Sunday, April 7, 2013

Die Zauberflöte off to a new start with the Berliner Philharmoniker

 "[This] piece," said Simon Rattle about Die Zauberflöte, "is a conductor's graveyard." He went on to indicate that he had avoided it for reasons of "self-preservation," until an irresistible opportunity came about: incredible as it sounds, this run of performances was the first time this iconic opera has been performed live in the history of the Berliner Philharmoniker. A live concert performance of the opera was transmitted over the Digital Concert Hall.

Rattle always makes one hear familiar music in new ways. There were many gestures that he stamped as fresh and engaging. Right from the start, each of the three fanfares was played with the third articulation in echo tone, almost like a reverberation of the two articulations before it. But more importantly there was a flow within the work, in and out of the spoken dialog, that had an appealing sense of shape and structure.

The sound of the orchestra was edged and very present, and it made one aware of the particular colors that are used to shade and often connect non-adjacent moments within this opera. The singers inhabited the space between the back of the orchestra and the chorus and they were able to suggest a staging even with the limited means they had at their disposal.

Words are significant in this opera. This production placed subtitles on the screen in an interesting way. The text stretched across the entire screen in German with a smaller italicized English translation underneath it. We were able to anticipate the German text almost as if reading a score, and the German text made the care given to diction in this performance apparent. I wish Met-Live-in-HD occasionally used this style of subtitles.

Kate Royal was Pamina in this Zauberflöte
The cast was well-chosen. Particularly impressive was soprano Kate Royal as Pamina. She was able to develop shades in Pamina's elusive character across the arias and spoken lines that the role contains. In her act II aria "Ach, ich fühl's, es ist verschwunden," one could feel her focus the collective energy of the hall and even of cyberspace as she shaped piercing vocal leaps and etched coloratura in a glowing G minor. I also liked soprano Ana Durlovski as the Queen of the Night. She was able to land and project the almost always overlooked lowest notes of this part known for its high side.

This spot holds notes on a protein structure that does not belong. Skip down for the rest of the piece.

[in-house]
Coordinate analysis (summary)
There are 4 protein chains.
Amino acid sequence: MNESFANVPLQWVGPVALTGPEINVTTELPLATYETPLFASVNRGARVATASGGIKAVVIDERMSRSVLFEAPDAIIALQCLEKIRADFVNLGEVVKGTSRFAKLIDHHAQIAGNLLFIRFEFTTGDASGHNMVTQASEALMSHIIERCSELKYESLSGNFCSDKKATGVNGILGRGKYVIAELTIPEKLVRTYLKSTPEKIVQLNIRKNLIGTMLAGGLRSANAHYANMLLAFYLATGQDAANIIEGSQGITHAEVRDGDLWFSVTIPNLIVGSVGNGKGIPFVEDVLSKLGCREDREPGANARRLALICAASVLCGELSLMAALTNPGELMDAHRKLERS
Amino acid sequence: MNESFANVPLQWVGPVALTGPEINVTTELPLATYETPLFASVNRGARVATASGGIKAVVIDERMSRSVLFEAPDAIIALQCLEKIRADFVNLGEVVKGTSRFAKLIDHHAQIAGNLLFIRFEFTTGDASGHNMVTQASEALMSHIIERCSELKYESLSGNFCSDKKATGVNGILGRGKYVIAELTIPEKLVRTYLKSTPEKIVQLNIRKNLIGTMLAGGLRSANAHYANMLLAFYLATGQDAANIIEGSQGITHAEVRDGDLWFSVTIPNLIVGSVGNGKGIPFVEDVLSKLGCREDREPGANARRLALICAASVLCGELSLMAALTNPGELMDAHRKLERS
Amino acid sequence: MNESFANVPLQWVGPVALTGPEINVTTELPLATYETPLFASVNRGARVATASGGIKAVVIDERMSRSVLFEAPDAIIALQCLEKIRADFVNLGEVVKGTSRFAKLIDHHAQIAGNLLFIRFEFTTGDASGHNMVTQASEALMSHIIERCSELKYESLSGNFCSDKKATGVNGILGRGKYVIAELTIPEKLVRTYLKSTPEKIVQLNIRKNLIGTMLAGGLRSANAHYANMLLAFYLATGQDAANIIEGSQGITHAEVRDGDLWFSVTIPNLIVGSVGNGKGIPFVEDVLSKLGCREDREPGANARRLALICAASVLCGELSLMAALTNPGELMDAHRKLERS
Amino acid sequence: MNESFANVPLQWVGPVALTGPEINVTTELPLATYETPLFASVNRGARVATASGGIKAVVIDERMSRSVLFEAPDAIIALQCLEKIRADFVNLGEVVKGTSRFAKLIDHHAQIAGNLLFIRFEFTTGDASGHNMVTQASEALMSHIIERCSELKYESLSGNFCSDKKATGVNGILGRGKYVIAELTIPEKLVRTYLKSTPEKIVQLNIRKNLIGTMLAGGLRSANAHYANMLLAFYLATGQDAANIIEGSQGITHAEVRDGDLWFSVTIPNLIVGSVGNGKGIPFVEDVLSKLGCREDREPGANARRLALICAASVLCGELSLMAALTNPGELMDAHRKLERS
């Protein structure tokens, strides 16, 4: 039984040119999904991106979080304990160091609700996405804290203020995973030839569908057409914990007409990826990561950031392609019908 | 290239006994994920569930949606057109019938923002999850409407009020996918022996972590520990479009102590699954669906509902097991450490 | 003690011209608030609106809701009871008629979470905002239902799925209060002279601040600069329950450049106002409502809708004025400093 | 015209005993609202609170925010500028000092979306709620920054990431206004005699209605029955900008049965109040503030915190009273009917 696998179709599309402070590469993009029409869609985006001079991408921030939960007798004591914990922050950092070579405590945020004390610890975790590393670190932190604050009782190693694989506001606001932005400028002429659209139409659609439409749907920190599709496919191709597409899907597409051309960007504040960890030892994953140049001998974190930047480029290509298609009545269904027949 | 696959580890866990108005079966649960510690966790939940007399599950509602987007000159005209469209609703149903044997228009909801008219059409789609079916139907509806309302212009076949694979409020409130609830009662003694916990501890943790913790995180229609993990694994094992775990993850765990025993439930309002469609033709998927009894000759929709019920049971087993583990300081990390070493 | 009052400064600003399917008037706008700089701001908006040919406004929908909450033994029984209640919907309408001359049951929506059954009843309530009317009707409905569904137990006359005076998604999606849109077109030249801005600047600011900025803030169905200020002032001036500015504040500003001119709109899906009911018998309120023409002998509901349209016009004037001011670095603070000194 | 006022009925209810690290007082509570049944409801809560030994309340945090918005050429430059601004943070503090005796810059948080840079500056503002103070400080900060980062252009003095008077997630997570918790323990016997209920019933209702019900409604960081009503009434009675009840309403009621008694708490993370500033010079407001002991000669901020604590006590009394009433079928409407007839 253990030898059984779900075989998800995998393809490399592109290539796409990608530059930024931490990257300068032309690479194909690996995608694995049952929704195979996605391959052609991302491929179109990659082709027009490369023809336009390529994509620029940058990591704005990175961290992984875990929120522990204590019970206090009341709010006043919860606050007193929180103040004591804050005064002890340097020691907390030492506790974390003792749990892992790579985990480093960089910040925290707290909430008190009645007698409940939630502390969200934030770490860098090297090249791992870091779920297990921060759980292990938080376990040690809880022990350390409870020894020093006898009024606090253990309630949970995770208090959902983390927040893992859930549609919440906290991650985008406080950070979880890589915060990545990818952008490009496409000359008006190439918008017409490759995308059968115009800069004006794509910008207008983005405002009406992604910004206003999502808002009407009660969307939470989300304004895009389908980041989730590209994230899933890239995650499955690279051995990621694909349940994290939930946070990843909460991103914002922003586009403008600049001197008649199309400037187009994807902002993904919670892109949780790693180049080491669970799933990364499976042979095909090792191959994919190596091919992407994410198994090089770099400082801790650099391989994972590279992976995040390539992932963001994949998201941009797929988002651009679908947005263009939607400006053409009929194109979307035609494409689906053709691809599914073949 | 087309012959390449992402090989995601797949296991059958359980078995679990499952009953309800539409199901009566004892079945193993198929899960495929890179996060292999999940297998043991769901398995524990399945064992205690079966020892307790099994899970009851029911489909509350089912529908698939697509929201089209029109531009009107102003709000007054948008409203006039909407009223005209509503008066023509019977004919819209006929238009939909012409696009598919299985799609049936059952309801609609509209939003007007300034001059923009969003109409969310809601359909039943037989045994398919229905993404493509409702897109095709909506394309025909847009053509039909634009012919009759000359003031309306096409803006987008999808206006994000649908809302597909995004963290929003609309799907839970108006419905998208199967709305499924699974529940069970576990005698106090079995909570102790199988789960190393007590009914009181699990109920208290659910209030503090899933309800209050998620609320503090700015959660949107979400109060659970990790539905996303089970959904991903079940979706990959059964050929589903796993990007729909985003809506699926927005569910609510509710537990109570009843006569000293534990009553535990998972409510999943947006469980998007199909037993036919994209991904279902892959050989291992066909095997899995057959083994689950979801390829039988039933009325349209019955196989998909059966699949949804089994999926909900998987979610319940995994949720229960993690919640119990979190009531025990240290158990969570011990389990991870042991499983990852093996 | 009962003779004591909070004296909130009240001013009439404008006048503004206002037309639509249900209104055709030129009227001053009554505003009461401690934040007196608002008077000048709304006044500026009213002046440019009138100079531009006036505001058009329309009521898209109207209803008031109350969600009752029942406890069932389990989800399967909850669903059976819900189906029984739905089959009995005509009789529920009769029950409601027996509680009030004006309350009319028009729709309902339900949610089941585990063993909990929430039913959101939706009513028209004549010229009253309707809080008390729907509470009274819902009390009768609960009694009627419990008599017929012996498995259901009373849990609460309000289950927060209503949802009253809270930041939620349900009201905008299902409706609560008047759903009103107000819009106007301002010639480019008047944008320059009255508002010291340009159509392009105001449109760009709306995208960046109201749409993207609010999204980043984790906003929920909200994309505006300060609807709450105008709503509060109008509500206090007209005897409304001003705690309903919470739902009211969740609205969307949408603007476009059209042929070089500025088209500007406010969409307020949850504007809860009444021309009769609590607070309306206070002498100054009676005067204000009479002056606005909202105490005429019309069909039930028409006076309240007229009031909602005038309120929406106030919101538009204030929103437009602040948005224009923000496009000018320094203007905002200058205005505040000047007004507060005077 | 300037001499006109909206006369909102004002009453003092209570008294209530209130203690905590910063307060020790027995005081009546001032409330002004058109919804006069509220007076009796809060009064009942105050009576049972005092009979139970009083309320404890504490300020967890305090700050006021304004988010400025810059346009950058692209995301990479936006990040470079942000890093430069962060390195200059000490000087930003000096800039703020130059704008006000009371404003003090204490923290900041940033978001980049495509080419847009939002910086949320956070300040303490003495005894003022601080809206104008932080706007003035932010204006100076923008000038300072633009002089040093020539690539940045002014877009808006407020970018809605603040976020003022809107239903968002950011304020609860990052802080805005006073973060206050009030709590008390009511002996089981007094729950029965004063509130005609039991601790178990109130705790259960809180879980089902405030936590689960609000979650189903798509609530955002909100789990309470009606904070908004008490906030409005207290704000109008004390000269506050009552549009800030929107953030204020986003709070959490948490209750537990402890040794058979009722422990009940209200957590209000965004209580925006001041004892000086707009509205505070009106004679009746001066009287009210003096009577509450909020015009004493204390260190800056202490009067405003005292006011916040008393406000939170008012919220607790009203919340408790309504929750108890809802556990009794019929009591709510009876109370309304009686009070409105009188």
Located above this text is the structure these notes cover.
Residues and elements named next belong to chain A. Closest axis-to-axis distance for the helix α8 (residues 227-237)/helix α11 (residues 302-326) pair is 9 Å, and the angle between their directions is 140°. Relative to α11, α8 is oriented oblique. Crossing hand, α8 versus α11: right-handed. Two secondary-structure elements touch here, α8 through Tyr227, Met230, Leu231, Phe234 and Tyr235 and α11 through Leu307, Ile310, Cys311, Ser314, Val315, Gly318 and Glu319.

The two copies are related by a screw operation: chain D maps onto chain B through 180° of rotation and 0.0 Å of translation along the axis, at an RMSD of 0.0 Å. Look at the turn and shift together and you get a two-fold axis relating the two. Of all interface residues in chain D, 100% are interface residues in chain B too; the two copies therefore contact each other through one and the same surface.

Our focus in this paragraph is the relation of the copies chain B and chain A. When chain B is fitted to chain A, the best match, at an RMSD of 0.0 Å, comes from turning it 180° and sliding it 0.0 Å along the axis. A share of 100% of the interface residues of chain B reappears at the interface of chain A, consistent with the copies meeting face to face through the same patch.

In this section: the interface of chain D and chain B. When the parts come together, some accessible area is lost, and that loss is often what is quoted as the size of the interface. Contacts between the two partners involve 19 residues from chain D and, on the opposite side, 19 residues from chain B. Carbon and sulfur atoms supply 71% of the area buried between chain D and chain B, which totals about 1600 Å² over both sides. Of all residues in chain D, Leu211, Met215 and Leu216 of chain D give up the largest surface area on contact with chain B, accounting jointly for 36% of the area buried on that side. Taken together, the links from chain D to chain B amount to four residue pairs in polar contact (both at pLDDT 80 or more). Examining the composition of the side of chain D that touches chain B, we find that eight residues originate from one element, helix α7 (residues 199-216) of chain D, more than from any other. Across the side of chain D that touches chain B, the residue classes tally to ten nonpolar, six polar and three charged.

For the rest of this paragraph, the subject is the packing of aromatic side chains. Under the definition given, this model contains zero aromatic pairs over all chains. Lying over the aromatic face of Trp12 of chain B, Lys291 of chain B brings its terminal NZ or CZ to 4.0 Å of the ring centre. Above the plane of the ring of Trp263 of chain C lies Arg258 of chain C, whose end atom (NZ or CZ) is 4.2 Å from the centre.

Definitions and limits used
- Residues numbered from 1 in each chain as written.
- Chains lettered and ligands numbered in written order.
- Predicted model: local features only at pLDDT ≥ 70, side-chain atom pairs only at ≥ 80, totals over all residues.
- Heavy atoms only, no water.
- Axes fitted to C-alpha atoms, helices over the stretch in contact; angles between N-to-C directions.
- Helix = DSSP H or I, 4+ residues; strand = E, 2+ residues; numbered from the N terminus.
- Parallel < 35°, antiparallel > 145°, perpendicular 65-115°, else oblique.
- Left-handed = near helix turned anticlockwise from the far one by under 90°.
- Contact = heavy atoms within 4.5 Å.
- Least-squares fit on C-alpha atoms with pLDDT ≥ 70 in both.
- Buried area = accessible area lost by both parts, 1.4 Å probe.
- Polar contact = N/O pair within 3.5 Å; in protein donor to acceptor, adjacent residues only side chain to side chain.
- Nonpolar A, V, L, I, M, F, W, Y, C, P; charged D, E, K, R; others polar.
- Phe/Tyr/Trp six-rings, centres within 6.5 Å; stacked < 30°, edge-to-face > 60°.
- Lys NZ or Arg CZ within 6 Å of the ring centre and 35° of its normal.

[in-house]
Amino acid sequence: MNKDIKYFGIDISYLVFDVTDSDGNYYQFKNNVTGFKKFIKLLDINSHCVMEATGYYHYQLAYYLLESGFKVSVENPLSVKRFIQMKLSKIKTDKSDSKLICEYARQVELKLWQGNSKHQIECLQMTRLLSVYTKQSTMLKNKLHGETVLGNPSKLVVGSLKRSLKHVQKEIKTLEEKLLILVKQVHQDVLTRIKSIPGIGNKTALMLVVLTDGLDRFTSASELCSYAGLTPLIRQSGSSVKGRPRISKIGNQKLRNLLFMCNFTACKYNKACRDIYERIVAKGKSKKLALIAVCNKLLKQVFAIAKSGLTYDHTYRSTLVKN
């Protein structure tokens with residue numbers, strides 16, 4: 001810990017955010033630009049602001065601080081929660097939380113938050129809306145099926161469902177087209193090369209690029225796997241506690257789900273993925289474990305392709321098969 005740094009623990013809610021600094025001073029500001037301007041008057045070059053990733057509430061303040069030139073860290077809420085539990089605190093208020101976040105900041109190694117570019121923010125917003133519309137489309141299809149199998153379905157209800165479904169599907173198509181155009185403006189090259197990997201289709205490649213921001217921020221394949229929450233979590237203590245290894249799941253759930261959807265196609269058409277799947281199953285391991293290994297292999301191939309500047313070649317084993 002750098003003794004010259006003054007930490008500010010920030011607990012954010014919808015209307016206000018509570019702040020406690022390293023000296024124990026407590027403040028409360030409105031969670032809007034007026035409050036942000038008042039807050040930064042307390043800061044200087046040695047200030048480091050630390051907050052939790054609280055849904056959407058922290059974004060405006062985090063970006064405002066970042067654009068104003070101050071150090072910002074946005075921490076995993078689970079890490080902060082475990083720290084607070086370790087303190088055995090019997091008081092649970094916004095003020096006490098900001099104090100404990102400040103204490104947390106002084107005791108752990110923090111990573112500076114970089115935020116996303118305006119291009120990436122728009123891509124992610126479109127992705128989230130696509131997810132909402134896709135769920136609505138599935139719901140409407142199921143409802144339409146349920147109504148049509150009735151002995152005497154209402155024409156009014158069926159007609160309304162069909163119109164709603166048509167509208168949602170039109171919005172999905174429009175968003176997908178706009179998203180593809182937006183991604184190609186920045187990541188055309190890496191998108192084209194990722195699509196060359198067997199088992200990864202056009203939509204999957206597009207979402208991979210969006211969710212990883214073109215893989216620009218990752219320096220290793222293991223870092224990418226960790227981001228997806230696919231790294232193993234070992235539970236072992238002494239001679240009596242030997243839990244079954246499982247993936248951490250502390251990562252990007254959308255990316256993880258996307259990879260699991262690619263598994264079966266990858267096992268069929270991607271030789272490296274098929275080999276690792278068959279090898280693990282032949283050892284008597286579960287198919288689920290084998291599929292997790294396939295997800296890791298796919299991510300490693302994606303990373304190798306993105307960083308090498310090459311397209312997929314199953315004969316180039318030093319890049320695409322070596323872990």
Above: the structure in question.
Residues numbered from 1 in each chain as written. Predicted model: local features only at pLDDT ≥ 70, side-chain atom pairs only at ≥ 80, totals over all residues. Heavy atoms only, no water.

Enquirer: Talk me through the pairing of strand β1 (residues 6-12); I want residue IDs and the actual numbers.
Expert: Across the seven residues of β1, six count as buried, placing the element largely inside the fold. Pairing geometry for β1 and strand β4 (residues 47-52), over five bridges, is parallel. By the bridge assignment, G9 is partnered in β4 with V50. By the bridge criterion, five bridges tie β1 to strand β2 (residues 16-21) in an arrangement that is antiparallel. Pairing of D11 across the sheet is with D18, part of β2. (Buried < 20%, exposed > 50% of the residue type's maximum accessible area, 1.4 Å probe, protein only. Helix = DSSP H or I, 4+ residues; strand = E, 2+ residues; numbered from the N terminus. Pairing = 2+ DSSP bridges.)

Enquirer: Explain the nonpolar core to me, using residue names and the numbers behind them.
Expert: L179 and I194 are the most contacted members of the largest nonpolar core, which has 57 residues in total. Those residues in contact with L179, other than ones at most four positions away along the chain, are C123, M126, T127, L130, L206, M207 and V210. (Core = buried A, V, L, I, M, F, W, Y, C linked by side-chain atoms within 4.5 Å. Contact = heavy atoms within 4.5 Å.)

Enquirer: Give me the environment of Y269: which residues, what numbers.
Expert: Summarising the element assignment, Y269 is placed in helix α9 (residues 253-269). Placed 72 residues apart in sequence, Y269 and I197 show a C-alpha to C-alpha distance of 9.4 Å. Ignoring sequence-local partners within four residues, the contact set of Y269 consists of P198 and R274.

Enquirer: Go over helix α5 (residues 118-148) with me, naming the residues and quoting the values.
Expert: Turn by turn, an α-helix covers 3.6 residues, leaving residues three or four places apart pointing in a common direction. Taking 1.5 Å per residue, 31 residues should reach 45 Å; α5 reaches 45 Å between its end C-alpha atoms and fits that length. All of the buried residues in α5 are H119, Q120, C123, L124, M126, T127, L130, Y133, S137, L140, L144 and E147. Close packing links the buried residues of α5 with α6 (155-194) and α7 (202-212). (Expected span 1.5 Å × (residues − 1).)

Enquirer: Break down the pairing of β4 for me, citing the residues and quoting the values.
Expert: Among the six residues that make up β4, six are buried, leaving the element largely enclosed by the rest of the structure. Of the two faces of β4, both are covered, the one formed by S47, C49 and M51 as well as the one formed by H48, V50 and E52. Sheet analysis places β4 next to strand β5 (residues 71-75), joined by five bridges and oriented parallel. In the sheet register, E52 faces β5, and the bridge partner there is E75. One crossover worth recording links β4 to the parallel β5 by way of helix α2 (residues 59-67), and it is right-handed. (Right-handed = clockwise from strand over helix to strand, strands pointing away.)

Balances in the ensembles were also quite good in this performance. One could hear each part in the ensemble of three boys with rare clarity. The spike in applause they received at the curtain was well earned.

It is a pleasure to hear the Berliner Philharmoniker play concert opera. One can only hope for more.

Monday, April 1, 2013

Sarah Willis to Interview Soprano Anna Prohaska

Anna Prohaska is a singer with a story. "I suppose one could explain this yearning for fantasy," she mused in the trailer for her new Archiv Production Disc. "There is a yearning for the supernatural because everything can be explained." Prohaska has reconnected us with an "Enchanted Forest," the title of her latest CD.

An artist with a broad portfolio of interests, this disc brings a culturally relevant ache and a young attitude to Baroque repertoire. While not alone in this endeavor, Prohaska is a singer with credentials who continues to impress.

Sarah Willis will interview Prohaska on her live chat site on April 2nd at 9pm Berlin/ 3pm New York/ 7am Melbourne. These Willis interviews are "must see" events. They combine an artful sense of personal communication with a live chat audience that is informed and frequently entertaining.

Willis has interviewed several legends of the horn world on her site, but the site also includes successful chats with other kinds of musicians. Willis has a very natural journalistic sense. Her live chat with soprano Barbara Hannigan last January was an outstanding example of how insightful the process can can watch that interview here.

I will tune in to watch on Tuesday.  Join me.

"Within these strict structures," said Prohaska of the Baroque style on her new disc, "there is a lot of freedom." The same thing seems true of the technology used to initiate these new enterprises, these chats, these electronic connections.
Related Posts Plugin for WordPress, Blogger...